'Hidden' health care costs can sneak up on patients, study says

Having health insurance does not always mean health care is affordable. In addition to premiums, there are a slew of costs to contend with -- from deductibles and co-payments to uncovered therapies and medicines.

A 2011 study from the Deloitte Center for Health Solutions in conjunction with the Deloitte Center for Financial Services ("The Hidden Costs of U.S. Health Care for Consumers: A Comprehensive Analysis") takes a closer at these lesser-known costs of health care and their effects on Americans.

The problem

Consumers spent about $363 billion more on health care in 2009 than what official government numbers suggest, according to the study. The culprit? A rise in out-of-pocket medical costs. The victims? Primarily those with medical problems, seniors and their caregivers. Here are some expenses that Americans are shouldering on their own:

  • Deductibles: For those with health insurance (particularly those with private health insurance), opting to pay higher out-of-pocket costs is a way to keep rising premiums from spiraling out of control. In 2004, the average family deductible on the individual market was $2,220, according to the U.S. Department of Health and Human Services. By 2007, that average had risen by nearly one-fourth to $2,753. In other words, families are taking a gamble -- high deductibles reduce premiums, but can leave families footing the bill if they need a lot of care.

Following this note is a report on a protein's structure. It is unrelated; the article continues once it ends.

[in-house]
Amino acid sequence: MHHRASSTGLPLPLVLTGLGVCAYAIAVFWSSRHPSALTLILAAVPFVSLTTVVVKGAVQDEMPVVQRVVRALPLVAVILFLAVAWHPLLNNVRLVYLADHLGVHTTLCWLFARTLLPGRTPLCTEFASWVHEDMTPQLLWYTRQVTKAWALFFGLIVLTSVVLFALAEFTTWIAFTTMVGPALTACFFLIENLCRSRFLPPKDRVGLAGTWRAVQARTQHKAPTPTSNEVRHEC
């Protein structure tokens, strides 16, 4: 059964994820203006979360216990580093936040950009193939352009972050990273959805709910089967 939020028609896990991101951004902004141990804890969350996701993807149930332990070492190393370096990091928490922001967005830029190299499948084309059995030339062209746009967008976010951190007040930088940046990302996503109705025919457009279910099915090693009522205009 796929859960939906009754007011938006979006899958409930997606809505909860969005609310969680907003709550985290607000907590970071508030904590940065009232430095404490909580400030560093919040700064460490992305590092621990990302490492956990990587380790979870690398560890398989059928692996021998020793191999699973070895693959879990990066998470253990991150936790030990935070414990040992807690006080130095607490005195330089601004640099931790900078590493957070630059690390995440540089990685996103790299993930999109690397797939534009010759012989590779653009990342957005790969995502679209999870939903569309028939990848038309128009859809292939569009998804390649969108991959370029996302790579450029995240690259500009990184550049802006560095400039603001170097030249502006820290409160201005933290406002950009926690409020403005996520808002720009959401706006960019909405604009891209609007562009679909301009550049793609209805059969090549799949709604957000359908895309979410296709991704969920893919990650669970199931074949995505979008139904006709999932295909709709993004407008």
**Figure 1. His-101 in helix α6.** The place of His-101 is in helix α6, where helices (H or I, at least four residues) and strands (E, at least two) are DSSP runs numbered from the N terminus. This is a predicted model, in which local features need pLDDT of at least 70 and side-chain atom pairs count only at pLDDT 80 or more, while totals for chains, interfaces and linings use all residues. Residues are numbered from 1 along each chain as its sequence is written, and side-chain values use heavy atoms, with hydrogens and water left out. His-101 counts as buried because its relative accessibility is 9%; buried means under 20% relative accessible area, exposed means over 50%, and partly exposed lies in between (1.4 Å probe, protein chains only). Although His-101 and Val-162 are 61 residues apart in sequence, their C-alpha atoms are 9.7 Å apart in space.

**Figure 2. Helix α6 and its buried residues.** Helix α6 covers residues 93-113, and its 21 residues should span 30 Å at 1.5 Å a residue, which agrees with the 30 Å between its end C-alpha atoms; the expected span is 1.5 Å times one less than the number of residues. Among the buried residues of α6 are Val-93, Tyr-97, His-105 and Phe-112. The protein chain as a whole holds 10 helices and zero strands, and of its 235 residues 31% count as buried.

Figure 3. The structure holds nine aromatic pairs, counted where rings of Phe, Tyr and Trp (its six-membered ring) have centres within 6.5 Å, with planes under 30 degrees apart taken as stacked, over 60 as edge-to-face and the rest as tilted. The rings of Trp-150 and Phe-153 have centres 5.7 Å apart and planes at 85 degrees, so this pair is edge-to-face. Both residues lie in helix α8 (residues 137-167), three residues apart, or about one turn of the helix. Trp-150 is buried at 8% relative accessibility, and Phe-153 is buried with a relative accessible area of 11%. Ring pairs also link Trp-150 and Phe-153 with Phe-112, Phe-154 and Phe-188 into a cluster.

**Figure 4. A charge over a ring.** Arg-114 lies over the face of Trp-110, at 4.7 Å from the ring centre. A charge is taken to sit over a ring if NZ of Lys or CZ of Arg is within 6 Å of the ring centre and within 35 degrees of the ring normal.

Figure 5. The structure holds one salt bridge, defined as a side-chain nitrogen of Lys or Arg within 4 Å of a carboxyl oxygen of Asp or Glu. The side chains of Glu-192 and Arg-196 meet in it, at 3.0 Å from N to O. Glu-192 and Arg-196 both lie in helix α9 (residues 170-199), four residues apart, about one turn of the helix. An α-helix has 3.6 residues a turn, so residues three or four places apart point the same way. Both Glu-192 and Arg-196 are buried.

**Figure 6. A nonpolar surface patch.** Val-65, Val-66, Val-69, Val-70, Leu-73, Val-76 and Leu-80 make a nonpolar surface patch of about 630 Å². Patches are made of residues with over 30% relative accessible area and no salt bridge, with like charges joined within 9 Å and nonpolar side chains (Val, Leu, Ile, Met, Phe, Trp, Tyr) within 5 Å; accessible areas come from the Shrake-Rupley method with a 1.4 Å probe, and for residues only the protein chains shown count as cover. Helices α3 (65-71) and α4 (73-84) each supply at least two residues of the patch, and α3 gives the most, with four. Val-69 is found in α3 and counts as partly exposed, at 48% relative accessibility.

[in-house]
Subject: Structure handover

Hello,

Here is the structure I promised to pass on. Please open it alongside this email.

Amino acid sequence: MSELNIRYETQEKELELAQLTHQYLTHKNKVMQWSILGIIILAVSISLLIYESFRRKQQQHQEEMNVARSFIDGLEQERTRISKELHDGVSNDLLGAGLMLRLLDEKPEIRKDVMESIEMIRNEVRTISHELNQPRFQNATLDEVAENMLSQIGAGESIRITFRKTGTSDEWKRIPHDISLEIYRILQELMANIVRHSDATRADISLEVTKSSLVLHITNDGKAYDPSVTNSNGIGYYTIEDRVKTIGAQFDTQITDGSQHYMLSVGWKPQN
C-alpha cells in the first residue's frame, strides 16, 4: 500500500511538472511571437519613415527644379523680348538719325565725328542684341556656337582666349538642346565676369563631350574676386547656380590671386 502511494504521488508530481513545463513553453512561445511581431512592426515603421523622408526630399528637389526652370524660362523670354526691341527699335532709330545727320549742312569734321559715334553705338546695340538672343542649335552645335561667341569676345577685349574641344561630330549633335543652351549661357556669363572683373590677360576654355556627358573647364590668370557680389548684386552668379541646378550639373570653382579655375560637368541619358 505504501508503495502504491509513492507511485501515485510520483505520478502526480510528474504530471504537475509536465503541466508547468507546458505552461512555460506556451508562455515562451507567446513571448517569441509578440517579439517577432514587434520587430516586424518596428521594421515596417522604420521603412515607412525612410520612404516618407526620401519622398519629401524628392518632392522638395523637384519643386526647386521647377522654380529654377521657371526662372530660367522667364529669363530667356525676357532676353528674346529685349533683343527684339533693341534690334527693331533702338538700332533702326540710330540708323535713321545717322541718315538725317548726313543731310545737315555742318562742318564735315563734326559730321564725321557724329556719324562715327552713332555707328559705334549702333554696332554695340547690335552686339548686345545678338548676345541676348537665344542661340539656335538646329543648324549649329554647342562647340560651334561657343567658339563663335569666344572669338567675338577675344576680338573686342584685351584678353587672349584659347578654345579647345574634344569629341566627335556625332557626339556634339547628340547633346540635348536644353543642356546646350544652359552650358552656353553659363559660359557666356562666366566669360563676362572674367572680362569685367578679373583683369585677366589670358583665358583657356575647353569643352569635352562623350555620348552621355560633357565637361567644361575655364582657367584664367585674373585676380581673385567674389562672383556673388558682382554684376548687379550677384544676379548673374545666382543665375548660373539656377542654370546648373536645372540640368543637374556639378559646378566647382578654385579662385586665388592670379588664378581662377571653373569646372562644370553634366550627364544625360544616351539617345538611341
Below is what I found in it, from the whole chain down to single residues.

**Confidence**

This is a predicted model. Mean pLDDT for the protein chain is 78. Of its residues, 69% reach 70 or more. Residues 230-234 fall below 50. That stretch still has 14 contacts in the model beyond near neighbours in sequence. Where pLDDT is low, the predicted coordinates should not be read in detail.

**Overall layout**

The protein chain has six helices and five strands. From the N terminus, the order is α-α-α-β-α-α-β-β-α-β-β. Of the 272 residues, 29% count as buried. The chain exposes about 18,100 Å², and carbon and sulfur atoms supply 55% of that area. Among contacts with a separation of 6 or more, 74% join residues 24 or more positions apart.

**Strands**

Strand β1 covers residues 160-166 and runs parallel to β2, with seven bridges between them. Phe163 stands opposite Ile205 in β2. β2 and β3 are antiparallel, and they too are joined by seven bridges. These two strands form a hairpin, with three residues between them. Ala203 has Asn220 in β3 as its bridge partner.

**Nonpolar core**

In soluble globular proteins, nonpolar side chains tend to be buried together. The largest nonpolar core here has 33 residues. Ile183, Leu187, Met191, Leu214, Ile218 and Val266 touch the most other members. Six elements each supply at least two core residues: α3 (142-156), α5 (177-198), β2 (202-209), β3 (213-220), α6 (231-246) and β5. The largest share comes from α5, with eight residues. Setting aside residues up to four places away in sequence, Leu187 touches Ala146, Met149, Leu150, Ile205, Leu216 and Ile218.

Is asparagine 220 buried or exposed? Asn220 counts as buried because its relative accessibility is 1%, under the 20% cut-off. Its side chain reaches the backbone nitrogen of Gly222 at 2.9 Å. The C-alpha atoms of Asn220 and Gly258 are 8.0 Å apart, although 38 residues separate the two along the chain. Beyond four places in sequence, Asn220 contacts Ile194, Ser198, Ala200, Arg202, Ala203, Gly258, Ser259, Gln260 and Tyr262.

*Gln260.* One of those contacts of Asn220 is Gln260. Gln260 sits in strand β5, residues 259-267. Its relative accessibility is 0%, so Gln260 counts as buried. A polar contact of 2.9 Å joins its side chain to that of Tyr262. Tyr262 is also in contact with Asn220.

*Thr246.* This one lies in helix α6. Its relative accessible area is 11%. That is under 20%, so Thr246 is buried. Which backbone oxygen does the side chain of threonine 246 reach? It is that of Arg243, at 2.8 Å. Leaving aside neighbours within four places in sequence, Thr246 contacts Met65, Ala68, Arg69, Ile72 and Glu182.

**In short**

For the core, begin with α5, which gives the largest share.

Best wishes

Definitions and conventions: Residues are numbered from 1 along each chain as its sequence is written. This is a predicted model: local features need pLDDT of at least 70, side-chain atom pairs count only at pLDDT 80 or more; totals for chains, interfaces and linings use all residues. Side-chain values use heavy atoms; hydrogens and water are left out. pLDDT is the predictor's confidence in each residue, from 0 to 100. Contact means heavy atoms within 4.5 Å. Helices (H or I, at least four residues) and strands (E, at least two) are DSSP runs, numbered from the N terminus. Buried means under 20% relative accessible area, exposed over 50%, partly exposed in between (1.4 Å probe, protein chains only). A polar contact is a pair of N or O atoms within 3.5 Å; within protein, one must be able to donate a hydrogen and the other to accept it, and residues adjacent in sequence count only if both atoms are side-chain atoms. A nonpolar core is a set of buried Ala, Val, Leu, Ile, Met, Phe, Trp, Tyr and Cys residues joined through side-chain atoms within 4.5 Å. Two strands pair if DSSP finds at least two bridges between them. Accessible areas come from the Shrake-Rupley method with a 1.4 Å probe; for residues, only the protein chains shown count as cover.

• Uncompensated care for the sick and elderly: Health care costs for those 65 and older accounted for more than one-third of all health care expenditures. And much of the cost of long-term care is shouldered by family, rather than by health insurance. Unpaid caregivers shelled out $199 billion in 2009 to care for sick and elderly friends and relatives, according to the study.
  • Non-traditional medicine: Some patients choose to pursue non-traditional remedies and treatments that aren't covered by health insurance. A health savings account (HSA) can let patients set aside money tax-free to spend on more flexible care, but that money still comes out of their own pockets.

The consequences

The high costs of care could generate bigger problems, according to the study, as well as some creative solutions.

High out-of-pocket costs could motivate patients to delay needed care to avoid going further into debt. Yet those costs also could encourage them to seek less costly care. For example, the study found that there is a "growing awareness" of alternative and over-the-counter products. Moreover, consumers seem to be more willing to use generic drugs than they were several years ago. These findings could suggest that consumers are taking on a more proactive role in managing their health care -- and finding ways to afford it.

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